November 18, 2017 3:00 pm JST

The city on the North Korean border where Chinese come to peer in

Images from Dandong: A crack in the door to the Hermit Kingdom

DAISUKE HARASHIMA, Nikkei staff writer and AKIRA KODAKA, Nikkei staff photographer

A North Korean soldier and a little girl sit on an islet in the Yalu River.

DANDONG, China -- Close to the mouth of the Yalu River lies the city of Dandong -- a gloomy, nondescript place that lays claim to being the gateway to North Korea.

On a boat ride along the river in late October, we spotted a soldier sitting on the ground with a little girl on an islet a few meters ahead.

After a brief exchange in Korean, the boat captain assured us permission had been given to take photos.

But the young man's expression switched instantly when cameras were raised. We might not have understood a word of what he shouted, but felt little need for a translator as he leaped up and pointed his gun in our direction.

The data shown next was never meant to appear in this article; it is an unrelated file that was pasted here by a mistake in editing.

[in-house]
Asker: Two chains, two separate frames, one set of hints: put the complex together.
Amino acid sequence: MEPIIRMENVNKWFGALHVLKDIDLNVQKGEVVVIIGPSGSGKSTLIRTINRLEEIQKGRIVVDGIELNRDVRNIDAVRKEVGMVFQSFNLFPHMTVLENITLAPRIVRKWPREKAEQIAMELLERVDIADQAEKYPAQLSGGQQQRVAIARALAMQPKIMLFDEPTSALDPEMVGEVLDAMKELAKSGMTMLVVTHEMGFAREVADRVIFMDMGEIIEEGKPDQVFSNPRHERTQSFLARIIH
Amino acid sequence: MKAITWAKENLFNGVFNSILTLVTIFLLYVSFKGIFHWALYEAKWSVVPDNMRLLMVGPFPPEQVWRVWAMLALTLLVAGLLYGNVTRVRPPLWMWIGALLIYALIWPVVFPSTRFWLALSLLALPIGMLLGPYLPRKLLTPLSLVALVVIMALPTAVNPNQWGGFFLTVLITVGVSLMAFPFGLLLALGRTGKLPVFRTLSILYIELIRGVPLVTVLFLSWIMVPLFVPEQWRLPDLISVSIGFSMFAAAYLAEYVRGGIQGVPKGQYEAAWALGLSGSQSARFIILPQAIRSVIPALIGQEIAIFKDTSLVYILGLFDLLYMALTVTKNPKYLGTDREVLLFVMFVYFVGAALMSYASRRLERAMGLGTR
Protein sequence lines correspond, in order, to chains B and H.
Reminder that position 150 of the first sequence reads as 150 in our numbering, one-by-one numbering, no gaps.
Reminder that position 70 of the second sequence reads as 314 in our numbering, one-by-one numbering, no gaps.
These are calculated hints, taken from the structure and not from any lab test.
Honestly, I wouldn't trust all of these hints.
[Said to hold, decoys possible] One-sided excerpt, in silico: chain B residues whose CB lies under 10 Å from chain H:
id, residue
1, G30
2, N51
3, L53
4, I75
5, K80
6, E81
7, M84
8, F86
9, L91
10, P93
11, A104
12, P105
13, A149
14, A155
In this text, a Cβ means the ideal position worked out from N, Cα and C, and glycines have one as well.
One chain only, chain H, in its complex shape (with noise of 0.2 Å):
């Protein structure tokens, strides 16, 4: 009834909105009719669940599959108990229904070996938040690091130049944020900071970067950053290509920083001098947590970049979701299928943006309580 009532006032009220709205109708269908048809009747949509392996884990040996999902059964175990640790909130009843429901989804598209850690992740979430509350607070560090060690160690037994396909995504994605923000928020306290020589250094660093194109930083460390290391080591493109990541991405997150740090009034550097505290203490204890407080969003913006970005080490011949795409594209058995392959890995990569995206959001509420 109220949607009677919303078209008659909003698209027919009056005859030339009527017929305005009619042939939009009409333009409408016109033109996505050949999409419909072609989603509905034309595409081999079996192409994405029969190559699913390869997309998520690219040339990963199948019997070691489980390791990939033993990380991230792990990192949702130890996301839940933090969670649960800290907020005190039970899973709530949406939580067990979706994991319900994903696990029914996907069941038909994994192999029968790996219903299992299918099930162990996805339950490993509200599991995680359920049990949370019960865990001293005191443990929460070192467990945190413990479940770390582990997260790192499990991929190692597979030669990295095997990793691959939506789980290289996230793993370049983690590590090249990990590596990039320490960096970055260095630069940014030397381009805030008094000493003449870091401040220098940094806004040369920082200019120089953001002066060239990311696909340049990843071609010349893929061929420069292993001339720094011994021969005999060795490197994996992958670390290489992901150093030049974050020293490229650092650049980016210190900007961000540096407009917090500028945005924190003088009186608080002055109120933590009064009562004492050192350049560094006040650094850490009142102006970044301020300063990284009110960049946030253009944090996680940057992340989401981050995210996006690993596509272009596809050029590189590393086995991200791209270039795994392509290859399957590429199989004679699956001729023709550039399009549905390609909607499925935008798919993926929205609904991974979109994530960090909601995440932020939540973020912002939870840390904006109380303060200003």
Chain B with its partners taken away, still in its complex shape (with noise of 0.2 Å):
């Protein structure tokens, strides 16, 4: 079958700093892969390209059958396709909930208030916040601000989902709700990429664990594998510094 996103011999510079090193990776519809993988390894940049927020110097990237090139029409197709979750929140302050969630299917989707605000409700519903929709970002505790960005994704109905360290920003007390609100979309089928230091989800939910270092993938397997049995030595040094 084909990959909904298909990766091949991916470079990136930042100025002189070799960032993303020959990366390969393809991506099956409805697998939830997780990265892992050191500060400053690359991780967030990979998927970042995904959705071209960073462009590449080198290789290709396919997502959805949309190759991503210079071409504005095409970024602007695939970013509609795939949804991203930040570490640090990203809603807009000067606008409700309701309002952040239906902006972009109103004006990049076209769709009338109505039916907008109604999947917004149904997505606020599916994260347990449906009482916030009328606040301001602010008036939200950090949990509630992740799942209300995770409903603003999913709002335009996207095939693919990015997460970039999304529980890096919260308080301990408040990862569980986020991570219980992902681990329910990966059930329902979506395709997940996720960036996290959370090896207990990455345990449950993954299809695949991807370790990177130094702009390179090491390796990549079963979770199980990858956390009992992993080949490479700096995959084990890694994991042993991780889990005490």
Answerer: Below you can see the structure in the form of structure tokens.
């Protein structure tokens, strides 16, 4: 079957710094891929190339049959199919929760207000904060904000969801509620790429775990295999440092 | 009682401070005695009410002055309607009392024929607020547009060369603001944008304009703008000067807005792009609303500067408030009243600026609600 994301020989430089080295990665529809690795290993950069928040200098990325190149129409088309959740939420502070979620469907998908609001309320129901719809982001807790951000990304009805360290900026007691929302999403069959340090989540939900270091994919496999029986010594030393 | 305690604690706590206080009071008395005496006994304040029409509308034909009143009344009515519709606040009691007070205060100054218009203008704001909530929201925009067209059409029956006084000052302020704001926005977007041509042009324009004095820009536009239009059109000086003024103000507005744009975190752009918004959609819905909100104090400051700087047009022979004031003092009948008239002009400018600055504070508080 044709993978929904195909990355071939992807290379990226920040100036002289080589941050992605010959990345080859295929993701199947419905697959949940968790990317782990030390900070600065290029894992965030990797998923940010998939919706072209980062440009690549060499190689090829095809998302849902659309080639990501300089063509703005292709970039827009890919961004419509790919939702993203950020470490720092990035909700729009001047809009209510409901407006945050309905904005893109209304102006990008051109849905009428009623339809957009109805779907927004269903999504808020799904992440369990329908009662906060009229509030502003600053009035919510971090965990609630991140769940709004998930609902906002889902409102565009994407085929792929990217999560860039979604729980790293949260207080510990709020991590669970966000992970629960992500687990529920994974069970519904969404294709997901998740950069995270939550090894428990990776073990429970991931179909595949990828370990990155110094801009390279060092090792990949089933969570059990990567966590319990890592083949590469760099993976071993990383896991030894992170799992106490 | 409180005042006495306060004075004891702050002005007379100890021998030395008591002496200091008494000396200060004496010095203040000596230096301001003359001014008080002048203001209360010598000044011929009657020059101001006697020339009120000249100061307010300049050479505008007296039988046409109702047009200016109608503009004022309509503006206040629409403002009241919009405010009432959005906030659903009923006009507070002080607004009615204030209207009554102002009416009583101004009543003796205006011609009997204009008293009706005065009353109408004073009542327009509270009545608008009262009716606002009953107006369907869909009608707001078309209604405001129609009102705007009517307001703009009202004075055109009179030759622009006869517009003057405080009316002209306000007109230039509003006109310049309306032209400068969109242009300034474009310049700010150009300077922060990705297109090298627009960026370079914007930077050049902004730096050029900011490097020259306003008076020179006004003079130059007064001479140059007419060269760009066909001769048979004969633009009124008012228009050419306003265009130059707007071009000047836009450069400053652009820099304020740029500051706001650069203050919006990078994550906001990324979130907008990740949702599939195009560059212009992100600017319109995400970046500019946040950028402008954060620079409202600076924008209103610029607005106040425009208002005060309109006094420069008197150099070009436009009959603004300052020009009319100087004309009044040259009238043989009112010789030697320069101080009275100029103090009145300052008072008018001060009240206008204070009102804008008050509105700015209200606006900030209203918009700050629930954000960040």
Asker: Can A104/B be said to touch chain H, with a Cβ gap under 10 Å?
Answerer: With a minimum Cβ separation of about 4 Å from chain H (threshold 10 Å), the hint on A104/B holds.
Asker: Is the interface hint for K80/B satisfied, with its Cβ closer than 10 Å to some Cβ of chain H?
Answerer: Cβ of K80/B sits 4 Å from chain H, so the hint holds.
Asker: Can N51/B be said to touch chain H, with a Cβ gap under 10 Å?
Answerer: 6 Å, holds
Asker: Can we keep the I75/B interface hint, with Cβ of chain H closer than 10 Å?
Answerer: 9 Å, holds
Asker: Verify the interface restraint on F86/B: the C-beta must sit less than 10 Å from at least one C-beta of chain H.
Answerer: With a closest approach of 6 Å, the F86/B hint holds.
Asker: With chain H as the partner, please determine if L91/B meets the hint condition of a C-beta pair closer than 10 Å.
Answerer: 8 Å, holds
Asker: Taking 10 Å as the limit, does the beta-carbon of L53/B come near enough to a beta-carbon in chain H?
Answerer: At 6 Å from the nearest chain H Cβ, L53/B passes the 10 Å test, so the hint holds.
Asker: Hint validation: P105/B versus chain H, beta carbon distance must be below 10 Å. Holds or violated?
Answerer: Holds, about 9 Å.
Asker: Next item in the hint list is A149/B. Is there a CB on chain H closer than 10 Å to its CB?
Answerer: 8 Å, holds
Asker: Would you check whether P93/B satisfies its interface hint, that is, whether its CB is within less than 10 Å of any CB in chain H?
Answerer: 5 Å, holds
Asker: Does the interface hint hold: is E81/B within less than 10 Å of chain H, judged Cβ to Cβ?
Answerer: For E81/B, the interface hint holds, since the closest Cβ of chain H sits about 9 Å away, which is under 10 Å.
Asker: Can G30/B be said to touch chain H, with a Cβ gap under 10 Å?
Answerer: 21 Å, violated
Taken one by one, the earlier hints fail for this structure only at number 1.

About 70% of trade between China and North Korea passes through Dandong. Trucks rumble back and forth carrying farming machinery and building materials across the city's Sino-Korean Friendship Bridge -- a vital land link between the two countries. Many of the workers in the city's textile factories come from across the border.

The once-strong ties between Beijing and Pyongyang have become increasingly fraught in recent years. Interestingly, however, curiosity in the mysterious neighbor seems to be growing.

Chinese tourists are everywhere in the city. They dine at North Korean restaurants where they are treated to singing and dancing by the waitresses, they buy North Korean bank notes at the souvenir shops and take boat tours along the river -- despite the near-freezing temperatures.

In Dandong, they can get a brief glimpse of what life might be like on the other side.

The international community may have imposed sanctions in response to Pyongyang's nuclear and missile program, limiting the isolated country's access to foreign currency, but here in Dandong, there is no shortage of backdoor routes for trade.

Near the mouth of the river, goods change hands covertly and there is a gallery handling paintings by North Korean artists in the city. Some customers will happily spend in the region of $10,000 on a picture, according to a gallery insider.

It seems somewhat ironic that, as North Korea grows increasingly isolated, it becomes more and more intriguing for some.

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